“By far the most the most important new thing that was announced at [Apple’s media] event [this week] was that the iPhone 5S uses a 64-bit ARM chip of Apple’s own design, the A7,” Jason Perlow writes for ZDNet.

“While it is surprising for many to see a 64-bit System on a Chip (SoC) on a smartphone so soon, I can certainly understand why Apple wanted to get one out into the wild,” Perlow writes. “The phrases ‘Forward-Thinking’ and ‘Desktop Class’ were thrown around during the launch event when discussing the iPhone 5S and the A7 processor. That stuff isn’t just marketing hype in place here, it’s a glimpse at the thought processes that are going on within Apple as it pertains to their long-term device and operating system strategy.”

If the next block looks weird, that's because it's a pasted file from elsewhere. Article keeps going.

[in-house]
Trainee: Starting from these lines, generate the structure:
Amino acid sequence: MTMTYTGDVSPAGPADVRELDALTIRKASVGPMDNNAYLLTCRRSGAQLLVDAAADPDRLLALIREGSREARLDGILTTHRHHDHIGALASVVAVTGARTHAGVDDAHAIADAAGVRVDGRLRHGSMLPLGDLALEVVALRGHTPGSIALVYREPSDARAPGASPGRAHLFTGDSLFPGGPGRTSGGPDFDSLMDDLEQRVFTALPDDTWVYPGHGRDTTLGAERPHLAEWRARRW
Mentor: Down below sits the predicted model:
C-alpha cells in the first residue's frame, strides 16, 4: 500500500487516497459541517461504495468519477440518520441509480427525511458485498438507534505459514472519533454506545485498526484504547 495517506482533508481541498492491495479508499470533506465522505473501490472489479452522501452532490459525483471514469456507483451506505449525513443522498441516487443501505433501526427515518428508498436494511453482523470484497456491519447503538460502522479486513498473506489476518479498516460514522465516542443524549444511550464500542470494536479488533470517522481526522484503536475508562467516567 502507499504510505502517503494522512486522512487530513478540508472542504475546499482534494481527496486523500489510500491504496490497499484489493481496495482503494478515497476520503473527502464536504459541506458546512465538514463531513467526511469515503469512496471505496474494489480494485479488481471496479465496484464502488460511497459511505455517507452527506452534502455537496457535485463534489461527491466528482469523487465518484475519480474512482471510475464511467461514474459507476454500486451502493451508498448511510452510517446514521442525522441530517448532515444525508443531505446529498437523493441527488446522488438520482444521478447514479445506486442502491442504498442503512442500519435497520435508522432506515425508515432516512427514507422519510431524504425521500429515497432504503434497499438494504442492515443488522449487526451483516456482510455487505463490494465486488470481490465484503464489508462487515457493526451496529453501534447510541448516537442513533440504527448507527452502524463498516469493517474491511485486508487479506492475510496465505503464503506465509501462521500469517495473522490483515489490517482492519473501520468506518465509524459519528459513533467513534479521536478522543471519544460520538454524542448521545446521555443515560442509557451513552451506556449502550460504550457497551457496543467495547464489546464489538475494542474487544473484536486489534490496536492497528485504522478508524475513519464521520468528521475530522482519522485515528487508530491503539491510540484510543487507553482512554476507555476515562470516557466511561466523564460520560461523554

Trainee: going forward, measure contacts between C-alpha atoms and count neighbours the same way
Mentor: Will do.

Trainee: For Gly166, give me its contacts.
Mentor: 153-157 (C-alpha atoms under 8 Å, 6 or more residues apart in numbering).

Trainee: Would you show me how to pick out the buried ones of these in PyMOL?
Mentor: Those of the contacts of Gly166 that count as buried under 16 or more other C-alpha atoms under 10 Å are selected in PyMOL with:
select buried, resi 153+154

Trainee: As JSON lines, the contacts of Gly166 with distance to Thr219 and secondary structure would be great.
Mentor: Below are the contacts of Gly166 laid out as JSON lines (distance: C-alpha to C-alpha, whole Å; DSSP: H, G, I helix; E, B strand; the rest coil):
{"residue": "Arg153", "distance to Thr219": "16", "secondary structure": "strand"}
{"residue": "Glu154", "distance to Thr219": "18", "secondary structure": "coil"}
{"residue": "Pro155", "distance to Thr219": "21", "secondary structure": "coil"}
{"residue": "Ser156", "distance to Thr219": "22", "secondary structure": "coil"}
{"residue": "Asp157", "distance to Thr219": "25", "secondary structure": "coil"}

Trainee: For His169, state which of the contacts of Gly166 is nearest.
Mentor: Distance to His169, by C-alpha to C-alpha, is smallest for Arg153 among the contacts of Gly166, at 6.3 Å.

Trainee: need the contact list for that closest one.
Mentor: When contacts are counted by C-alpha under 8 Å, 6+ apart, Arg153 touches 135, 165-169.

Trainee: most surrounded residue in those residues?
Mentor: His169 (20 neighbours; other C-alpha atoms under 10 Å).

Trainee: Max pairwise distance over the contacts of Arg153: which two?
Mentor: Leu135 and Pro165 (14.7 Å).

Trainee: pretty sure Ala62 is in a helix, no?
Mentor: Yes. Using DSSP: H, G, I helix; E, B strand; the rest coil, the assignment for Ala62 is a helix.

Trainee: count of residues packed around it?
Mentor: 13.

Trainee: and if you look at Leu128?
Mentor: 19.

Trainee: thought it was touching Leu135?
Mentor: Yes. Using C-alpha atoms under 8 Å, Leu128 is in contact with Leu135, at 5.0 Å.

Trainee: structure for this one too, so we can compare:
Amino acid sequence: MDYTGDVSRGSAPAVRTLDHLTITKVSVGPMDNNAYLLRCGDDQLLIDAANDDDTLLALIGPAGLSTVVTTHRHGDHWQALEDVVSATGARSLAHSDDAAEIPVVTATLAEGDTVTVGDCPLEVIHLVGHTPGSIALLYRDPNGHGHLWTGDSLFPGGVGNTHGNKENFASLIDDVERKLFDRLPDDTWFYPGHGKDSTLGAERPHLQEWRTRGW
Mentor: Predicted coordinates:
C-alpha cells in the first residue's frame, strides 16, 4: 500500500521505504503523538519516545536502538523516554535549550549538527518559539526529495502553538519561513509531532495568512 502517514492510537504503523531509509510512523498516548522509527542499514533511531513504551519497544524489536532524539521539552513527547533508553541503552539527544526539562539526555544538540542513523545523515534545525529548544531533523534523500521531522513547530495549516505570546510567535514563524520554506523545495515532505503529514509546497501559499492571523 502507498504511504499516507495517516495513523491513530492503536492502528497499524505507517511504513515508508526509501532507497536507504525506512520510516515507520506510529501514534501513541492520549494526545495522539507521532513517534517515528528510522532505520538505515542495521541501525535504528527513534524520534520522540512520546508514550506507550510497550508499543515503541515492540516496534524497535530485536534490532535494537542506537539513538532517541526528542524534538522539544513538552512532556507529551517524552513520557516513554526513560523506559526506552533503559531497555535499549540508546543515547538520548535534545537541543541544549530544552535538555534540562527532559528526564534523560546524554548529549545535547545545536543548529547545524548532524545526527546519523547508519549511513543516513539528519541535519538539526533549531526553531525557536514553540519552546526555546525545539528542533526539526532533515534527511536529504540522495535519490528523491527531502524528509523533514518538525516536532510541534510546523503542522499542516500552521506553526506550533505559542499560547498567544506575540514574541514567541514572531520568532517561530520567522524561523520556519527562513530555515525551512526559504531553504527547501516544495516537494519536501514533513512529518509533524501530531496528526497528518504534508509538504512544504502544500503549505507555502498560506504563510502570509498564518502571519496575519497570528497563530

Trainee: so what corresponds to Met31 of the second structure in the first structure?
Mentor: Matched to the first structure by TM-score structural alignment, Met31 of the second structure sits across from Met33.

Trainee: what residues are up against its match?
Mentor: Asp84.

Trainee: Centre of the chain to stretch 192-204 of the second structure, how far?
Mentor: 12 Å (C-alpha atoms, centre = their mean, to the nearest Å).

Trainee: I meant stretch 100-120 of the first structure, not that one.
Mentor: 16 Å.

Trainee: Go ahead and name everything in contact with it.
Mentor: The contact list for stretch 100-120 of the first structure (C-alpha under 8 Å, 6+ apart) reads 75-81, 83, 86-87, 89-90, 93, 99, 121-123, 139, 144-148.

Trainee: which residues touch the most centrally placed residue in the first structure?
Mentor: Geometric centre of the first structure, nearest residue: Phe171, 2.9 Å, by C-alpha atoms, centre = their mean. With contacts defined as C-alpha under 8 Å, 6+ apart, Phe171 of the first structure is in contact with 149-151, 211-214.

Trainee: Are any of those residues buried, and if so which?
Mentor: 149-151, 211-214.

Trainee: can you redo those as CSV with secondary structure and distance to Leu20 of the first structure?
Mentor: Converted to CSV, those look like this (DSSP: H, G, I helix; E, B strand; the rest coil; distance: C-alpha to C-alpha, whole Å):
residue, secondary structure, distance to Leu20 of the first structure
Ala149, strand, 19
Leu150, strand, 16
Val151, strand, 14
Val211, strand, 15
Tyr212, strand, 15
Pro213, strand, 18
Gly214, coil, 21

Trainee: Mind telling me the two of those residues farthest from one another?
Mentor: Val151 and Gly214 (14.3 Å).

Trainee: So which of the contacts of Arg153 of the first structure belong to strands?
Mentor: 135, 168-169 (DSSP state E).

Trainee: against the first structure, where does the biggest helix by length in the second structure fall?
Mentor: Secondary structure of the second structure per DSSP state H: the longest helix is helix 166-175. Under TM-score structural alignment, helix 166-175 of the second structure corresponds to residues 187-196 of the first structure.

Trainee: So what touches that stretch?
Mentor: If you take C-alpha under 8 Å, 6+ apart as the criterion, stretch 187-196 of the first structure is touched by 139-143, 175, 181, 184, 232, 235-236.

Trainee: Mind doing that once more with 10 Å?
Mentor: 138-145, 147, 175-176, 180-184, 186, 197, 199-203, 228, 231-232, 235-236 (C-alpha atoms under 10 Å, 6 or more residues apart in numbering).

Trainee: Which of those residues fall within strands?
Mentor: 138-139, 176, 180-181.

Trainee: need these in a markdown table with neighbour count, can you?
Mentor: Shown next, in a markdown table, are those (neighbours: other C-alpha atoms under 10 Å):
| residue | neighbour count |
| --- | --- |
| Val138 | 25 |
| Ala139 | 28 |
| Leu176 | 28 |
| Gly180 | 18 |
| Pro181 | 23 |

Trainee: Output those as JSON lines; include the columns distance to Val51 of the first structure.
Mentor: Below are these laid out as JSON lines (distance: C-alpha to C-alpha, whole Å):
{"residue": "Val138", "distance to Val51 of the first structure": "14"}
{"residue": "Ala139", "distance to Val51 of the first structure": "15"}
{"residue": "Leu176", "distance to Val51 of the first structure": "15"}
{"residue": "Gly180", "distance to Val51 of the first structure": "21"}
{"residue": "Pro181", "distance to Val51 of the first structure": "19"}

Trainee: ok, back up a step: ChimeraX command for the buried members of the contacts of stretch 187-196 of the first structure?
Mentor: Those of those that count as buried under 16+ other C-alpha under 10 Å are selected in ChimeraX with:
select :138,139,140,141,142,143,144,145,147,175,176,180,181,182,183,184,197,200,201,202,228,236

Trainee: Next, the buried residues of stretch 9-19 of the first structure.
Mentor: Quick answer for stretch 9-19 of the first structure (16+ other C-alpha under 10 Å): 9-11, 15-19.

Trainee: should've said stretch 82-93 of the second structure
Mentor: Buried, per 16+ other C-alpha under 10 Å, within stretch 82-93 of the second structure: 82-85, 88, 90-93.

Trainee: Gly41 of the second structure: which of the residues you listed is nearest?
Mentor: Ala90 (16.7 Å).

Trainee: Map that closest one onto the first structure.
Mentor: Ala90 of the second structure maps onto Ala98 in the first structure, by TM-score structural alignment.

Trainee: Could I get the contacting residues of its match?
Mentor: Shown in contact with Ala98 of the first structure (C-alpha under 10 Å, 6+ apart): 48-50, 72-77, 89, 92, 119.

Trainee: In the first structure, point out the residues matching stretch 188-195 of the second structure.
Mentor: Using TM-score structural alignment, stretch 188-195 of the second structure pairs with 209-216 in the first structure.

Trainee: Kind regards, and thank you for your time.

“The reason why Apple wanted to get a 64-bit ARM chip into the wild is largely an issue of platform convergence,” Perlow writes. “I expect that our smartphones will become the center of our computing experience and even extend themselves to tablets and the desktop, through a unified operating system that runs identically on all three form factors and is supplanted by back-end Cloud services which will do the heavy lifting for our line-of-business applications and data… At some point, iOS will end up on some kind of laptop or tablet convertible device using a 64-bit ARM chip of Apple’s design. I think that will happen sometime around 2015, when the future 64-bit SoCs are powerful enough to actually assume the type of creative content desktop workloads Macs are actually used for today…”

Read more in the full article here.

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